For a foreign film to pull down an Oscar nomination is a big deal, especially if the category is not only best foreign-language film, but best picture itself.
Only eight non-English-speaking foreign movies have snagged best picture nominations in the Academy Awards’ history, so this year’s “Amour” is in some limited company. The movie has also received nominations for best actress, best foreign-language film, and best director and screenplay for its Austrian filmmaker, Michael Haneke.
It’s a pleasure to report that the film deserves its accolades. If the intellectual Haneke has been a severe observer of life in his previous films (which include “Cache” and “The White Ribbon”), here he matches that rigorous outlook with the most human situation imaginable.
After a brief opening sequence, “Amour” takes place within a large Paris apartment. The long-married octogenarians that live here, Anne and Georges, have wrapped themselves in art and culture (she’s a classical piano teacher), and their home is full of tasteful decoration and books.
That seems important, because the coming of illness and infirmity is not tasteful or decorous, and this is what Anne and Georges must deal with after she suffers a stroke and her mobility becomes limited.
They are not ready for this, but who is? In the series of deliberately composed scenes, Haneke measures the denial, panic and sadness that attend Anne’s declining state.
The only other character of significance is their daughter, played with typical precision by French star Isabelle Huppert.
Although Haneke is extremely smart about which moments will illuminate this situation, he also relies on his actors, two veterans of international cinema dating to the 1950s, to bring their skill and presence. They are Emmanuelle Riva, who long ago starred in the groundbreaking film “Hiroshima, Mon Amour,” and Jean-Louis Trintignant.
Riva is heartbreaking in the movie, and it’s entirely possible she could win the Oscar. But the larger role is Trintignant’s, and he is superb. The movie’s not interested in explaining the psychology of the couple based on great revelations, so Trintignant must quietly suggest the positive and negative attributes of his character’s past, all of which get expressed in Georges’ behavior in the present.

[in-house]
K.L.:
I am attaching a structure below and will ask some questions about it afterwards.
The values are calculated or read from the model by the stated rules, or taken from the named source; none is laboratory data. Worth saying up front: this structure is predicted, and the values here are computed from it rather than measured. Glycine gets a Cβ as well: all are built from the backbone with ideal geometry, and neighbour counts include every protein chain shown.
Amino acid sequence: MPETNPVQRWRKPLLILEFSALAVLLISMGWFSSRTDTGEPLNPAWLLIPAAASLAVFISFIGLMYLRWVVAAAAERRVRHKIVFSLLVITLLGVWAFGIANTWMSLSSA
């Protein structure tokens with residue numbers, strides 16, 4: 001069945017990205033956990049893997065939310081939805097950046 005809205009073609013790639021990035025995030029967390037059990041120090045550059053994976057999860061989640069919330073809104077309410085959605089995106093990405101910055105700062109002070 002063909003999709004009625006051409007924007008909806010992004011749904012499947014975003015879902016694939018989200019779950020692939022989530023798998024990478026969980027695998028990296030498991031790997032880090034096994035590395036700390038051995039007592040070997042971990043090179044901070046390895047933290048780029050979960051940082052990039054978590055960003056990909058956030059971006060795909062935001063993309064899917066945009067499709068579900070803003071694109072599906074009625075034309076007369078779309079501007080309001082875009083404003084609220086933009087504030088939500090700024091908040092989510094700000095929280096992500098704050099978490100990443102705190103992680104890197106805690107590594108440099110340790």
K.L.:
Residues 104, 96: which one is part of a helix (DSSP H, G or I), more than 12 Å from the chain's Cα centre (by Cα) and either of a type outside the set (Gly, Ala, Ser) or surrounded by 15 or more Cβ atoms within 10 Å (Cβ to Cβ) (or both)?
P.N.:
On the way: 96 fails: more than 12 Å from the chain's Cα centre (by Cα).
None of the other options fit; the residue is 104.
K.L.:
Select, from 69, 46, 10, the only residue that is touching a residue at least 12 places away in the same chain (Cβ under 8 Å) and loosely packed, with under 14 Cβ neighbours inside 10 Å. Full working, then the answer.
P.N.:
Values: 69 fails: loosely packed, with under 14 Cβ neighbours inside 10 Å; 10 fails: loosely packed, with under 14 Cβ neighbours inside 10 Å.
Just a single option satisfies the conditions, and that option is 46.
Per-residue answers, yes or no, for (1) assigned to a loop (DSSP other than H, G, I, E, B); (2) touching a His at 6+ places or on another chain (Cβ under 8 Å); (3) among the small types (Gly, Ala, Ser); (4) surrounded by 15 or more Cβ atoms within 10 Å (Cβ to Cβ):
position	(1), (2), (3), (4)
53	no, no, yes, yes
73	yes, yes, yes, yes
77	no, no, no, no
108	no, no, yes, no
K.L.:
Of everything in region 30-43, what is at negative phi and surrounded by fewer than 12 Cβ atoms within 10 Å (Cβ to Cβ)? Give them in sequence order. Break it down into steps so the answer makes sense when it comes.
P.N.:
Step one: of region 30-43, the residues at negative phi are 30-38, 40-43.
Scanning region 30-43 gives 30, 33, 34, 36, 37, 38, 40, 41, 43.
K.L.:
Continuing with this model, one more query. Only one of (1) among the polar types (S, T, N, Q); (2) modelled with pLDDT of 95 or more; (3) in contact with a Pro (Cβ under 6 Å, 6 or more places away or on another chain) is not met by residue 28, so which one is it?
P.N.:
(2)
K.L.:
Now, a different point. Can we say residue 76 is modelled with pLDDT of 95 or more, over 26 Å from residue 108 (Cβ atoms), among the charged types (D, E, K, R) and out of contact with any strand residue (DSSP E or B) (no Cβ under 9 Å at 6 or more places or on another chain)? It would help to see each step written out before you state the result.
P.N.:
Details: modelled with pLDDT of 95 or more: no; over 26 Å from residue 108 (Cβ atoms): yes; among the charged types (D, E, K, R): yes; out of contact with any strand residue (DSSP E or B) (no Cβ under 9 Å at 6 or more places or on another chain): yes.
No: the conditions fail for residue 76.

The role is a real career landmark for Trintignant, the compact star of “A Man and a Woman,” “My Night at Maud’s” and “The Conformist.” Coincidentally, he also acted in one of those other foreign films nominated for the best picture Oscar, the 1969 “Z.”
The situation described in “Amour” lends itself to sentimentality, yet it avoids that. Haneke’s temperament, so frosty in his other films, here keeps the film from finding easy answers or platitudes.
The movie’s called “Amour” for a reason. Haneke is asking us to examine love, that most exalted of human emotions (and most frequently trivialized movie subjects), and think about what it means. That our eyes fall on people who are weathered by experience and decidedly non-face-lifted is the first of the movie’s wonders.
“Amour” (four stars)
The multiple Oscar nominations for this film are well earned: a rigorous study of two Paris octogenarians (Jean-Louis Trintignant and Emmanuelle Riva) dealing with her sudden infirmity. The frosty manner of director Michael Haneke keeps the subject from falling into easy sentimentality or platitudes, although it remains a very emotional experience. In French, with English subtitles.
Rated: PG-13 for subject matter.
Showing: The Egyptian.